Messenger Girl's Official Web Page

Messenger Girl: It Begins

     The rain poured outside, beating against the windows, pounding on the roof. The sky, it seemed, was angry . . . or sad . . . and every drop of water was an expression of its emotion.

     I could relate and, as with the sky, I couldn’t tell if I was angry or sad.

     The message was no longer safe.

 

     Wind shook the house and the limbs of trees outside. Leaves spun crazily on their branches, twirling until the wind forced them off and tossed them into the air.

     I was like one of those leaves now, tossed into the world, made victim to its whims.

 

     I had no choice.

 

     With the rain pounding above me, I crossed the floor to the other side of the room, the slap of my feet on the wood echoing in my ears.

     Silently, I removed a panel from the wall unveiling the knobs of a handmade combination lock. With several spins, I had the safe open. Solemn and careful, I lifted its bottom and removed a yellowed scroll of paper. Sliding it into the bag on my hip, I closed the safe and returned the panel to its place. Then, crossing back to the room’s center, I lifted the trap door in the floor and climbed out onto the ladder secured to the tree’s trunk.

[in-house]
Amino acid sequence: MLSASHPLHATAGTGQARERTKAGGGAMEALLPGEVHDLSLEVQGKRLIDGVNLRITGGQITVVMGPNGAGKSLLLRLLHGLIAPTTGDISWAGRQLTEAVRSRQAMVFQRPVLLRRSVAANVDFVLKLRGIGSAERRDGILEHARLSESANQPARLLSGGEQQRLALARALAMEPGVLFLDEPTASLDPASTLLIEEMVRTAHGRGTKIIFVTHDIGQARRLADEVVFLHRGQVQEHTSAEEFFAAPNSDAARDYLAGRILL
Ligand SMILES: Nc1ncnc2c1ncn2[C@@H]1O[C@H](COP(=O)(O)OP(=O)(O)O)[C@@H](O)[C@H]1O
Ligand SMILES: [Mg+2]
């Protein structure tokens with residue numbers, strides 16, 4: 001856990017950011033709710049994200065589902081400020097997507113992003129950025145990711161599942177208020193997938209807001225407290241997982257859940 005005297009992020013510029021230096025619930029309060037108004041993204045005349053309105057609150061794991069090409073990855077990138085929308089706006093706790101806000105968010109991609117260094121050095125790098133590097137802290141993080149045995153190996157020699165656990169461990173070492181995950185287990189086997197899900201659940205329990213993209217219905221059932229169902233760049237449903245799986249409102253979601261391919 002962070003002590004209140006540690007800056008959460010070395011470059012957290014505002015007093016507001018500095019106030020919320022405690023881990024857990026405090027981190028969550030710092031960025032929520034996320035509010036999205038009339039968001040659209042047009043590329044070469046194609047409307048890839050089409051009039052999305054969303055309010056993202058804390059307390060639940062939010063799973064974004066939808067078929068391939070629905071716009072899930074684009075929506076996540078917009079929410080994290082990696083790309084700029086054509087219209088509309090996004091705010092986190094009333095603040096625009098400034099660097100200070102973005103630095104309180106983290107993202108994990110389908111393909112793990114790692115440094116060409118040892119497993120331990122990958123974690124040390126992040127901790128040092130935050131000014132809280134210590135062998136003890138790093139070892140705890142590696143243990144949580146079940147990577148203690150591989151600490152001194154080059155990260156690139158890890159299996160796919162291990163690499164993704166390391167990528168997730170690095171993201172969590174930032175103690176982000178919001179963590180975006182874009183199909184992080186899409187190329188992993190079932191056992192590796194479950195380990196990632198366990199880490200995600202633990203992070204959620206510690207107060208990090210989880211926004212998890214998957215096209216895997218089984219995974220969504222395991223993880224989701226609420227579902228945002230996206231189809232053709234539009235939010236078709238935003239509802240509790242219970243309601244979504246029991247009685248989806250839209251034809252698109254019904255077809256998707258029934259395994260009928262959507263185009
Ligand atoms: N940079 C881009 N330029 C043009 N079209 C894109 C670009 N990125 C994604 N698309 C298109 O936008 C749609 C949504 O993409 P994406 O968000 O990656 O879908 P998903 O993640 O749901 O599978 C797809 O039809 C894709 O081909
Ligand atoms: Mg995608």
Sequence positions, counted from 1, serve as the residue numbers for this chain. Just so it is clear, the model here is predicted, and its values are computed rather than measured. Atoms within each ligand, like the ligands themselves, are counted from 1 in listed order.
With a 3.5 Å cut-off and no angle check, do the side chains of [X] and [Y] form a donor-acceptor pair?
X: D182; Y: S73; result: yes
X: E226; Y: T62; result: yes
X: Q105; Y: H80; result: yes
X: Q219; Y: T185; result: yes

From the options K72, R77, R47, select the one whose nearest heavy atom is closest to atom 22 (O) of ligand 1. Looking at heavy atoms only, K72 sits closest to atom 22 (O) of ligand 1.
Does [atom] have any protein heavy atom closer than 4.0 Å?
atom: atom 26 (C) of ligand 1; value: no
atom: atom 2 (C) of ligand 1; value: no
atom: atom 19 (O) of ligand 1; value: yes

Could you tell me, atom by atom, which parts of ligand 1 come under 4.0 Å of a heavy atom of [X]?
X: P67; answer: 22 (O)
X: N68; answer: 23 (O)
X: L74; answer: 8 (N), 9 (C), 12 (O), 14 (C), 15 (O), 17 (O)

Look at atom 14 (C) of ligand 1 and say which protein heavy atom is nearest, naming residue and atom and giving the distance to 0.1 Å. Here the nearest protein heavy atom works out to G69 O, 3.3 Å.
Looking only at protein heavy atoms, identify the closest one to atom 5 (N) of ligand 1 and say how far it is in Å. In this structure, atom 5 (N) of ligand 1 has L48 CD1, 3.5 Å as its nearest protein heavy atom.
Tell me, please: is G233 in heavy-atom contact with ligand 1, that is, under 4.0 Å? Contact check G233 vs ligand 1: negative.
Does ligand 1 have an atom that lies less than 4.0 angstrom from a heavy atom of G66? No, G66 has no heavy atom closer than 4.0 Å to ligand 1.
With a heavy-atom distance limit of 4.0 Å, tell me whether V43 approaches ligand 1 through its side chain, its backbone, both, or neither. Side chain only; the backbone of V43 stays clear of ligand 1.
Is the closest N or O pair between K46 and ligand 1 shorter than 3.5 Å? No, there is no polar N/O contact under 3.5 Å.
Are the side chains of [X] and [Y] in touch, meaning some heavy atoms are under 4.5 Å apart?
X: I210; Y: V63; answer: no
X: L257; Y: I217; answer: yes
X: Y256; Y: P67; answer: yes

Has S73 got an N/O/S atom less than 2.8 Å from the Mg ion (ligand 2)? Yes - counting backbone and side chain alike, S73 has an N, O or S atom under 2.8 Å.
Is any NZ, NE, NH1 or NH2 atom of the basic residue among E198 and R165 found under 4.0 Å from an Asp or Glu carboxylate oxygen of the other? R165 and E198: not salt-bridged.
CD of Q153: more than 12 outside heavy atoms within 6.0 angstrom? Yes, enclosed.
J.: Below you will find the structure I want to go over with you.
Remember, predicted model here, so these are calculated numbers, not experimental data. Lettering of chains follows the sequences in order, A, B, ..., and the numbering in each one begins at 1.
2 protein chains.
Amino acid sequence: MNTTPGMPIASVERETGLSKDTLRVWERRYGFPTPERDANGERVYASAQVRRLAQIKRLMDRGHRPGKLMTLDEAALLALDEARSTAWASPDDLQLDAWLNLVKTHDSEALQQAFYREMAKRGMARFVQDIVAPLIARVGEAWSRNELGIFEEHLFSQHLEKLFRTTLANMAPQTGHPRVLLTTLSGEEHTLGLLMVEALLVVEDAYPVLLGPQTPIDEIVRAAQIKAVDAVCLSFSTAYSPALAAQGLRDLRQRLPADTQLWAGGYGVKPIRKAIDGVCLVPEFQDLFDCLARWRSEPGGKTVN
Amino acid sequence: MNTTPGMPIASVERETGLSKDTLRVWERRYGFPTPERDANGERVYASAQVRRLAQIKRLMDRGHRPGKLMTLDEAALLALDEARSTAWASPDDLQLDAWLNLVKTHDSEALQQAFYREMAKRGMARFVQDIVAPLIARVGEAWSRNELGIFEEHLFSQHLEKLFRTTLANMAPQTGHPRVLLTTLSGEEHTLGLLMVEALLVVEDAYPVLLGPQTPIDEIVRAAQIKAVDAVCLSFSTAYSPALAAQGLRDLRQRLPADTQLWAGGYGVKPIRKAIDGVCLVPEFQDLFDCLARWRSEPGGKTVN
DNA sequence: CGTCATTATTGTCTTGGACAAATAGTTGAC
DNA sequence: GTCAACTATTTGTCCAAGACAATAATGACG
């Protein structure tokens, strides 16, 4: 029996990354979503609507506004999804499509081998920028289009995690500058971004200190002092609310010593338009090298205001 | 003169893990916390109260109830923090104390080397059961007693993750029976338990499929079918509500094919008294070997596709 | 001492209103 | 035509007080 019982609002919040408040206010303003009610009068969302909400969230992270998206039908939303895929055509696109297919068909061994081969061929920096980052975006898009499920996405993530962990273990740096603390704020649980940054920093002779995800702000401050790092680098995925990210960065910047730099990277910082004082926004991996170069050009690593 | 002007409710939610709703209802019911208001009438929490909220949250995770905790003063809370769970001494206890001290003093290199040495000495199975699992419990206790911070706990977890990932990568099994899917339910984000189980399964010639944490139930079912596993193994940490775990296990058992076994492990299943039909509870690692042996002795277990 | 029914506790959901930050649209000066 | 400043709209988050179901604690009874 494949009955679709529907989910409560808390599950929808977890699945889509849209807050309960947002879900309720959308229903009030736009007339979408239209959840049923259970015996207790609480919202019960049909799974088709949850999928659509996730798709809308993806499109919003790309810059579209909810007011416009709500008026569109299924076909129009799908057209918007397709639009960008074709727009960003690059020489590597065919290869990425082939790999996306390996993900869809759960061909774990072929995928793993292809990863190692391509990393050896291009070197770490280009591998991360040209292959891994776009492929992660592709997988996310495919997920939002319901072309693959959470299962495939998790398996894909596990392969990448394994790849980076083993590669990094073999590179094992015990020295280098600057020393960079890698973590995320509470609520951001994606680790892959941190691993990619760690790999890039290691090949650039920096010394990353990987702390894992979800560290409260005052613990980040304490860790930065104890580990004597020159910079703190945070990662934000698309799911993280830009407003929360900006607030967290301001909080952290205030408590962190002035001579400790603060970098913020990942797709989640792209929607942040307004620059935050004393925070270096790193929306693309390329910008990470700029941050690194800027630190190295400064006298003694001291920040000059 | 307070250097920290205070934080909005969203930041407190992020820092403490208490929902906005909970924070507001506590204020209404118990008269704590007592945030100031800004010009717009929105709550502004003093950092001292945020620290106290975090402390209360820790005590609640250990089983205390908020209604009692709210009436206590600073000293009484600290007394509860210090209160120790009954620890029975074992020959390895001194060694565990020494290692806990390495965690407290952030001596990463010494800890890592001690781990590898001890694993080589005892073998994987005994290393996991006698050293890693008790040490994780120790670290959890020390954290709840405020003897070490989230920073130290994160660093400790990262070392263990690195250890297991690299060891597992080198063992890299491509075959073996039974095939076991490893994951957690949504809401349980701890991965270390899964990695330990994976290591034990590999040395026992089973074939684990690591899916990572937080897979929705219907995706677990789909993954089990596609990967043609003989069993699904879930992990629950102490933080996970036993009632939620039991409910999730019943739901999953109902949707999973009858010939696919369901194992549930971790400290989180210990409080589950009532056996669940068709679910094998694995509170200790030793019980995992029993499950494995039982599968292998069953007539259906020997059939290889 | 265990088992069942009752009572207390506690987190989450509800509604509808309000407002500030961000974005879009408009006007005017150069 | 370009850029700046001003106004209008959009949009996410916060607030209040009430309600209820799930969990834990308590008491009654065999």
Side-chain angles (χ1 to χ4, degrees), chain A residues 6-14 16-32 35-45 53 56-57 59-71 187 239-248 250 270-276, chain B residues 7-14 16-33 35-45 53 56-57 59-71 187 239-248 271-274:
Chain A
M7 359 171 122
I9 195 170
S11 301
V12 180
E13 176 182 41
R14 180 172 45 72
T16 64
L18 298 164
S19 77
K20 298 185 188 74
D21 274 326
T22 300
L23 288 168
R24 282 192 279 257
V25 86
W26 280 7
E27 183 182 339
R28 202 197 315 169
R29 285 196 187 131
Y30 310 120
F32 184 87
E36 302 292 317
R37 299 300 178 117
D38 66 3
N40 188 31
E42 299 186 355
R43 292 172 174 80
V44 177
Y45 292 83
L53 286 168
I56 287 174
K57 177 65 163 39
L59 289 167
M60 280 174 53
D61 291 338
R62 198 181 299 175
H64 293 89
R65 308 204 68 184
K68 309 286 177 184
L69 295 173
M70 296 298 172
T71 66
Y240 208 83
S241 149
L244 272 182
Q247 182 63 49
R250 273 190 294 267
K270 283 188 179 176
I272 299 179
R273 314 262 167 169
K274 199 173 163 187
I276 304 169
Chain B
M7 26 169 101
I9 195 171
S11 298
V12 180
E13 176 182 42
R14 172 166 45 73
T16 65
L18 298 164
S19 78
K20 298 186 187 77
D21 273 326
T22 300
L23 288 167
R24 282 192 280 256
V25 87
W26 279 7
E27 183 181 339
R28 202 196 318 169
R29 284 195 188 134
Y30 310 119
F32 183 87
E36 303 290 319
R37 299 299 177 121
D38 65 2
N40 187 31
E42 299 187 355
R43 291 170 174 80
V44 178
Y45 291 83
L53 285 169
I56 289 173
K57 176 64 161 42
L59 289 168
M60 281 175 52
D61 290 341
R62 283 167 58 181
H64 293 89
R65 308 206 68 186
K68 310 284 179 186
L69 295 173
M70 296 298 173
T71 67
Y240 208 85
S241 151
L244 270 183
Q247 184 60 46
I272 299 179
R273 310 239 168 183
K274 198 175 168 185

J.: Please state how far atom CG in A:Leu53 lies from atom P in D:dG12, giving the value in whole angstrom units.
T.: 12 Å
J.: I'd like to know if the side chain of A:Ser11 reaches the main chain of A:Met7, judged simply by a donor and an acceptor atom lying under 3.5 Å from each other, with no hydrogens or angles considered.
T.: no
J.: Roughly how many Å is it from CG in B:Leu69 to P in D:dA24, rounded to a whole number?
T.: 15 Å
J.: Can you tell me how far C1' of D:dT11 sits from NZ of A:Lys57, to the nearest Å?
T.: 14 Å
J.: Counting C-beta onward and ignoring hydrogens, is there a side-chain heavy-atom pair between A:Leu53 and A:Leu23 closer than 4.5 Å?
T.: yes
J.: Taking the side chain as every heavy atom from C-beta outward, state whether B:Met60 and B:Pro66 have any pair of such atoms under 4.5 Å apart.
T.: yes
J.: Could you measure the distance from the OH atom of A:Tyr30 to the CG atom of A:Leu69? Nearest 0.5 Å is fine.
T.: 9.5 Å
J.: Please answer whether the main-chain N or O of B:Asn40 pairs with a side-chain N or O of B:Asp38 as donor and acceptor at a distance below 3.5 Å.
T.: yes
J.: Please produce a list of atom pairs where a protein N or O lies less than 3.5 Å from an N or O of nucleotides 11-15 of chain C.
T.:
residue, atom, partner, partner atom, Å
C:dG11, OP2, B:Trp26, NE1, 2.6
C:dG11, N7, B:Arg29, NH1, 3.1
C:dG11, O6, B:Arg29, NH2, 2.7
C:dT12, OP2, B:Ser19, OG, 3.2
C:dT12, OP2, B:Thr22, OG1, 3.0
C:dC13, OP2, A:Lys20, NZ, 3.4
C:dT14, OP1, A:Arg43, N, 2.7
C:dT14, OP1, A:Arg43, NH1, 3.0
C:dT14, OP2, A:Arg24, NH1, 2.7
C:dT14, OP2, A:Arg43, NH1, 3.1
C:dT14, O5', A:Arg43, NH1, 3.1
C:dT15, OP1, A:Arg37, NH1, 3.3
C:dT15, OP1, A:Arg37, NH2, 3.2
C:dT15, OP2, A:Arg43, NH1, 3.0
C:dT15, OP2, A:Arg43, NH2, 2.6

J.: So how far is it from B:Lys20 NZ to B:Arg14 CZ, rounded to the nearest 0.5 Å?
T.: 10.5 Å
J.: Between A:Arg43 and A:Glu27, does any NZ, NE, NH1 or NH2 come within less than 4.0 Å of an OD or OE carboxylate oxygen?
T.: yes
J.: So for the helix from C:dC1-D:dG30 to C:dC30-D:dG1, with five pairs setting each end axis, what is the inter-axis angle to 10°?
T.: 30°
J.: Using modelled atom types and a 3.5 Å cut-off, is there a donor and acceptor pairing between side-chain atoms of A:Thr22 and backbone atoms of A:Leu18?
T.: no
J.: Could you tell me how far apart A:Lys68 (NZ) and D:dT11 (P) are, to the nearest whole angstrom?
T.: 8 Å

Holding onto the ladder with one arm, I reached for the rope hanging from a nearby branch. Swinging myself onto it, I crossed my heels and began lowering myself to the ground.

     As soon as my feet met the earth, I was running.

 

     The message was no longer safe.

    

     The ground was wet, squishy and as I ran, it got softer and softer, making movement increasingly difficult. My foot slipped in a patch of mud and I fell to the ground, mud and rain splashing into my face.

 

     There was only one thing to do.

 

     And this thought drove me as I got back up and began to run again.

     The wind rushed into my face, hard and strong, too strong, almost pushing me backwards. The rain poured down faster, faster than I’d ever before witnessed. I pressed on, squinting my eyes into slivers and taking measured, rhythmic breaths.

 

      I had to deliver it.

 

      I slipped again, this time catching myself before I’d fallen the whole way, hardly pausing my run. Wiping my hands off on my shorts, I kept running, my mind focused on one thing and one thing only. A safe place.

 

      I had to deliver the message to a safe place.

ToBeContinued.